Nefertari, the Egyptian Queen who was the primary wife of Pharaoh Ramses II, admires the view of her kingdom’s royal capital from a high veranda. During the reign of her husband, Egypt’s capital would have been located in the city of Per-Ramesu (or Pi-Ramesses), near the modern city of Qantir in northeastern Egypt. In earlier dynasties, the Egyptian capital would have been located further up the Nile in places like Men-Nefer/Memphis (near Cairo) and Waset/Thebes (modern Luxor). It tended to shift location over the country’s long history (the same was also true of Egypt’s southern rival Kush).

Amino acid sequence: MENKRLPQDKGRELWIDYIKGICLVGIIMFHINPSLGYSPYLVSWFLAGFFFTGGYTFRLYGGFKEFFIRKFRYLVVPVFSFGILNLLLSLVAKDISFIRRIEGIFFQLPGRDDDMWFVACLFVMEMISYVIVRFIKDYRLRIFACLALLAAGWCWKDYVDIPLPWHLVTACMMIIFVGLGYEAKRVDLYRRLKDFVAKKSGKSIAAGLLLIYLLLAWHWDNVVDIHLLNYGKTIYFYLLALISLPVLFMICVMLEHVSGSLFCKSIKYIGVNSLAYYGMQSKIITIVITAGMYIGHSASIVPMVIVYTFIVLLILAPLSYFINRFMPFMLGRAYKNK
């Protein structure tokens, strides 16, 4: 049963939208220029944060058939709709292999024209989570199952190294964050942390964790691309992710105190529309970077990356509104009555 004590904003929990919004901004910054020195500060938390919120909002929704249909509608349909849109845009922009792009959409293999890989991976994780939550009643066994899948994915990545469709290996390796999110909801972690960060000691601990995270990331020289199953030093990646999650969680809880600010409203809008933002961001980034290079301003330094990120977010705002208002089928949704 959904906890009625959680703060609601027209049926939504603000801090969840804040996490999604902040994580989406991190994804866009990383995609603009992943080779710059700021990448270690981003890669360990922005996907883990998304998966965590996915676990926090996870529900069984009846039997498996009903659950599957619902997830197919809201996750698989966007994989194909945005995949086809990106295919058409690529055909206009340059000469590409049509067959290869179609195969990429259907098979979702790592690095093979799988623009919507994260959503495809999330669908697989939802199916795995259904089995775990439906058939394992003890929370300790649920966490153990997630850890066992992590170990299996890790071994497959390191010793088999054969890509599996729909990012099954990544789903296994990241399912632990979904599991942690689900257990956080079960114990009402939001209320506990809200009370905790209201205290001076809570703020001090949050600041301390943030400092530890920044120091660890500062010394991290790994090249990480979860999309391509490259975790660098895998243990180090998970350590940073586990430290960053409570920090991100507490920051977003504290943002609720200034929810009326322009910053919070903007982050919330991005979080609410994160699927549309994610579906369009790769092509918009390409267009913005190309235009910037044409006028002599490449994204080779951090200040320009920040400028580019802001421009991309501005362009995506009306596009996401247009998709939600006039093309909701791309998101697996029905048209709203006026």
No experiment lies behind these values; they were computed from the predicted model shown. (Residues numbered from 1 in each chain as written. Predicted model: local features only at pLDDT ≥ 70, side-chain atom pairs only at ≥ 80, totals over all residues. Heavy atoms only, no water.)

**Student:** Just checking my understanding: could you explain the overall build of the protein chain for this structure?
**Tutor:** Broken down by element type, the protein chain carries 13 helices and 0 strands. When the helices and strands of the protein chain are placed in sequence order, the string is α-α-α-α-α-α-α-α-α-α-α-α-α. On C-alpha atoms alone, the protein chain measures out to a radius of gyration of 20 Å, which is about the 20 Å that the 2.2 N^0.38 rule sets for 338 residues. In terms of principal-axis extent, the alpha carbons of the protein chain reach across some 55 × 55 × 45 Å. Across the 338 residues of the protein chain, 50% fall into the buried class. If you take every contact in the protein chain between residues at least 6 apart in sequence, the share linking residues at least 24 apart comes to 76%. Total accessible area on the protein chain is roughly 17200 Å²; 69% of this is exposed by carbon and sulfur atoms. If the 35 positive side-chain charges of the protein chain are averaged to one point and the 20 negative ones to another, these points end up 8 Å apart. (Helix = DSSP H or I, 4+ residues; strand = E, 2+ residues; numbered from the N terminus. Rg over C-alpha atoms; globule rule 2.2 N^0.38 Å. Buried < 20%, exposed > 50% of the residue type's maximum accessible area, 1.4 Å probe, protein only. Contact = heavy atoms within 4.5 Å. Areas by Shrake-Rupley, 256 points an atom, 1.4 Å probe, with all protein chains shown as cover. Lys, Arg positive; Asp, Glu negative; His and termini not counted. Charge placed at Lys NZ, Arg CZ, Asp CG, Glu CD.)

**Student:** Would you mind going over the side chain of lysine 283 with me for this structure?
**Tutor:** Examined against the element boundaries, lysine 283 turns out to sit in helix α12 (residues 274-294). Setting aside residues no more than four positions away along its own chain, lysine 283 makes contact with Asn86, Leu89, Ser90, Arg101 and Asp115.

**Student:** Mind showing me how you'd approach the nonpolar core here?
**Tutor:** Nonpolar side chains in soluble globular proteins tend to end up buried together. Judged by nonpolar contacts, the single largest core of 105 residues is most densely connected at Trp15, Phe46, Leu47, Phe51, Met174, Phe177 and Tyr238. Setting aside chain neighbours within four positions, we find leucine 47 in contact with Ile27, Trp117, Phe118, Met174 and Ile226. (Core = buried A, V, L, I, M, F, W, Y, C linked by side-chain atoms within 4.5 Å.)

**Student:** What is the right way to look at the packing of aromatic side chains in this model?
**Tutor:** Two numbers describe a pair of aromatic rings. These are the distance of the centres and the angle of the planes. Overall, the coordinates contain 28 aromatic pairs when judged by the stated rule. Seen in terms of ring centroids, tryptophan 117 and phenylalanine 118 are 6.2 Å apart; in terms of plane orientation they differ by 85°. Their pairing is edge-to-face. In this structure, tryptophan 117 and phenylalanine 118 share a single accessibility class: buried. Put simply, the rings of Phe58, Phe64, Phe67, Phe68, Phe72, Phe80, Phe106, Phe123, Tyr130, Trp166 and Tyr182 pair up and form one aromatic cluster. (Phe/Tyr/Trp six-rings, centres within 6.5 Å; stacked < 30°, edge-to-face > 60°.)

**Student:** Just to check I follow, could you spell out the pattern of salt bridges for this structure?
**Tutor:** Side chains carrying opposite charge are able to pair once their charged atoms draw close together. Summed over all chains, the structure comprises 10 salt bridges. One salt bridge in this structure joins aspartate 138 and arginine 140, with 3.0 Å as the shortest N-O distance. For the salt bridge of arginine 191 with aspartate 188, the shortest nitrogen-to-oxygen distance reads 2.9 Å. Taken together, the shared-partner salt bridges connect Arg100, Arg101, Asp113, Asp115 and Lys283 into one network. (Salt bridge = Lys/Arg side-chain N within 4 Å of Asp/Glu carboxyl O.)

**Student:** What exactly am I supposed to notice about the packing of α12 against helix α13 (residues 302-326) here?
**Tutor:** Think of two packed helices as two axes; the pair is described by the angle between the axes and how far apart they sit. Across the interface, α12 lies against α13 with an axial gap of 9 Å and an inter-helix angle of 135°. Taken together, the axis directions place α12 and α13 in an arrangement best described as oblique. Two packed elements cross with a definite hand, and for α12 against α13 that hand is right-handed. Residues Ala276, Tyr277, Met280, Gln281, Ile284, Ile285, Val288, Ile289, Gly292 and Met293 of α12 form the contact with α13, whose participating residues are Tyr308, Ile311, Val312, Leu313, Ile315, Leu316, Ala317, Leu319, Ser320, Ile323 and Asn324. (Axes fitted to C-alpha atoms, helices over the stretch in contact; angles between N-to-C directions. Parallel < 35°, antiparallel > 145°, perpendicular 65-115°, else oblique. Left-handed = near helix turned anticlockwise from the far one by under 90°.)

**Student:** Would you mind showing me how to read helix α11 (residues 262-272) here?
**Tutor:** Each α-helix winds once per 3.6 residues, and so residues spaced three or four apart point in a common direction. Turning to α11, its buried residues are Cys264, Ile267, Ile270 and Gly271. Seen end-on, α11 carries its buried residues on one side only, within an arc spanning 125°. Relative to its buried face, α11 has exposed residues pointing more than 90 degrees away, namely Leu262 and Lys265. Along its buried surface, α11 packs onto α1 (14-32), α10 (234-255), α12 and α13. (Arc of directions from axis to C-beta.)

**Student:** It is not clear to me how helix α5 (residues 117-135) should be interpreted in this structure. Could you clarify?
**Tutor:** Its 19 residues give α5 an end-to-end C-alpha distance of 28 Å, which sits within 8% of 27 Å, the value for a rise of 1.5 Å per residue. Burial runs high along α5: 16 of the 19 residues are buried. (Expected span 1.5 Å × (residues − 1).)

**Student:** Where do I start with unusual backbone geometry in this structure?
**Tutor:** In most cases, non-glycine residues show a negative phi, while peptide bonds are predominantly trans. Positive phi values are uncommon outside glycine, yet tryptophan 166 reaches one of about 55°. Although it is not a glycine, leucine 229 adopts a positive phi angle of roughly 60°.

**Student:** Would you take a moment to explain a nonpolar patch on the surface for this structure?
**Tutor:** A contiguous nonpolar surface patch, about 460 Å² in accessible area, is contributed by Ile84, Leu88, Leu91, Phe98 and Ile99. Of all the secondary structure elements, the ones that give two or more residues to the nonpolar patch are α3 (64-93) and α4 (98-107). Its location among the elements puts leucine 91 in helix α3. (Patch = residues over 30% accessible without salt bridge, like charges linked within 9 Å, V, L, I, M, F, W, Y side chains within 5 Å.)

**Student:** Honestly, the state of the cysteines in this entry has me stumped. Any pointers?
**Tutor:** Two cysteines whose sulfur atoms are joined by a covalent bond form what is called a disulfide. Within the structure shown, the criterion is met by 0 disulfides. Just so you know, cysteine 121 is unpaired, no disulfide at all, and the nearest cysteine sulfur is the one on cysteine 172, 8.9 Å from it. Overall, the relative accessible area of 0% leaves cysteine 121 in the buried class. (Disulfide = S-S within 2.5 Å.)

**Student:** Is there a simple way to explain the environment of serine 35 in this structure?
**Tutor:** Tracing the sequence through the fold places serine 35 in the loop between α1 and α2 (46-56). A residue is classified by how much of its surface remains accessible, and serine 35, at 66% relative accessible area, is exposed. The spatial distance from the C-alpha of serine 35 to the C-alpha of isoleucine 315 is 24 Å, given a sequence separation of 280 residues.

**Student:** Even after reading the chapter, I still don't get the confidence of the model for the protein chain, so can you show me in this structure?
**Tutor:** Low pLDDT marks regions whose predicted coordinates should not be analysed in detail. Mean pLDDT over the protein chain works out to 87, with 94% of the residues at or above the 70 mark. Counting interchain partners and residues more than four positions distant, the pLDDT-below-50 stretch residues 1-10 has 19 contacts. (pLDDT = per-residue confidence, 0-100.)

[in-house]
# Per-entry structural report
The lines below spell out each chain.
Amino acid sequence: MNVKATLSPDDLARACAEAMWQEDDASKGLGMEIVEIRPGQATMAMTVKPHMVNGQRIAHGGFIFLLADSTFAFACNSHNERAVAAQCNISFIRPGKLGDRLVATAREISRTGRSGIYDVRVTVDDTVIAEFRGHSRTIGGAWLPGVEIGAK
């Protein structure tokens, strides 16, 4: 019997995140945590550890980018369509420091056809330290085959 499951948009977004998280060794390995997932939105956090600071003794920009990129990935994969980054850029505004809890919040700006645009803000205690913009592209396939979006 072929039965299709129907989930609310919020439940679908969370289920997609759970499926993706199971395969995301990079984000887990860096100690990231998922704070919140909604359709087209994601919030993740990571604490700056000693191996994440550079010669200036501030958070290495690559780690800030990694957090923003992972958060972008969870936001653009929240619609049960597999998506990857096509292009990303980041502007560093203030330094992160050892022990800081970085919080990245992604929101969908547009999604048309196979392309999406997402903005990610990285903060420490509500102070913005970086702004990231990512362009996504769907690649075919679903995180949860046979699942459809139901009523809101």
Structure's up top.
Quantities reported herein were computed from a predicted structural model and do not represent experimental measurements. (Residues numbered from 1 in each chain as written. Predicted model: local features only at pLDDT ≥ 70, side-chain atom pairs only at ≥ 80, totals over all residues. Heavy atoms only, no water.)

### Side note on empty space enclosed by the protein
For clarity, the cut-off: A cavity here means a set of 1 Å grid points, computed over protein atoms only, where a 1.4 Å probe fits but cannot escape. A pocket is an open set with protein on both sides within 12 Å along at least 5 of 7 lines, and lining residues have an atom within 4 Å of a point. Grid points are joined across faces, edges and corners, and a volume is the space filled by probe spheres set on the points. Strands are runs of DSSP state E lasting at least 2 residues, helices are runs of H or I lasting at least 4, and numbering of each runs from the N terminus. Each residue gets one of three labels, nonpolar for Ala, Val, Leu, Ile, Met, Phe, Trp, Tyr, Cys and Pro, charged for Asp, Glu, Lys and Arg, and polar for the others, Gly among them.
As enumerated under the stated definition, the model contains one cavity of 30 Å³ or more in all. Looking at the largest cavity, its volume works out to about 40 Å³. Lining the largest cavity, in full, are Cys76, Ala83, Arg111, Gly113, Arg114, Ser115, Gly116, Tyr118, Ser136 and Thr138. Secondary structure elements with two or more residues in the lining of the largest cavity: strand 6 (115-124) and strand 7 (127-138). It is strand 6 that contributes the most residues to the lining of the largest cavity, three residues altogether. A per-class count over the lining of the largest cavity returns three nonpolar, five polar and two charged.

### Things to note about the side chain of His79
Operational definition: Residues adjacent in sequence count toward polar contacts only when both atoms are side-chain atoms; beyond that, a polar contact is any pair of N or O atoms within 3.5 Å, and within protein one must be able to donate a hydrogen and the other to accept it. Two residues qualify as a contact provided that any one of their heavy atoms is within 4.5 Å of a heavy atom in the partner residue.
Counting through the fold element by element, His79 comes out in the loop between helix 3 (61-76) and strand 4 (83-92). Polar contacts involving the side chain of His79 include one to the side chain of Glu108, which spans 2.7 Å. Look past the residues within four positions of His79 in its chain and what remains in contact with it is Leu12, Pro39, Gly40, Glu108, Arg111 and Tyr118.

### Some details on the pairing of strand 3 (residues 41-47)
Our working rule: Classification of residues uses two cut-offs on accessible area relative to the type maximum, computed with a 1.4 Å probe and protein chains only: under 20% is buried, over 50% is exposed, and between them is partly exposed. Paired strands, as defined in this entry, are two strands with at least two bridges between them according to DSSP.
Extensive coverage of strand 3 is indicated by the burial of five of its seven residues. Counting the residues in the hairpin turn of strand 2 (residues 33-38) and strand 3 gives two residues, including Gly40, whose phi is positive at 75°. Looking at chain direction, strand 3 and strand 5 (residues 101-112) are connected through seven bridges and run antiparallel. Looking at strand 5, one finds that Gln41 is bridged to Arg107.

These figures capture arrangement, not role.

Queen Nefertari might be hard to recognize from this angle without her distinctive vulture crown on, but surely both the Pharaohs and their consorts must have taken their headdresses off when outside the public view. I’ve never been a monarch myself, but I bet crowns are never comfortable to wear.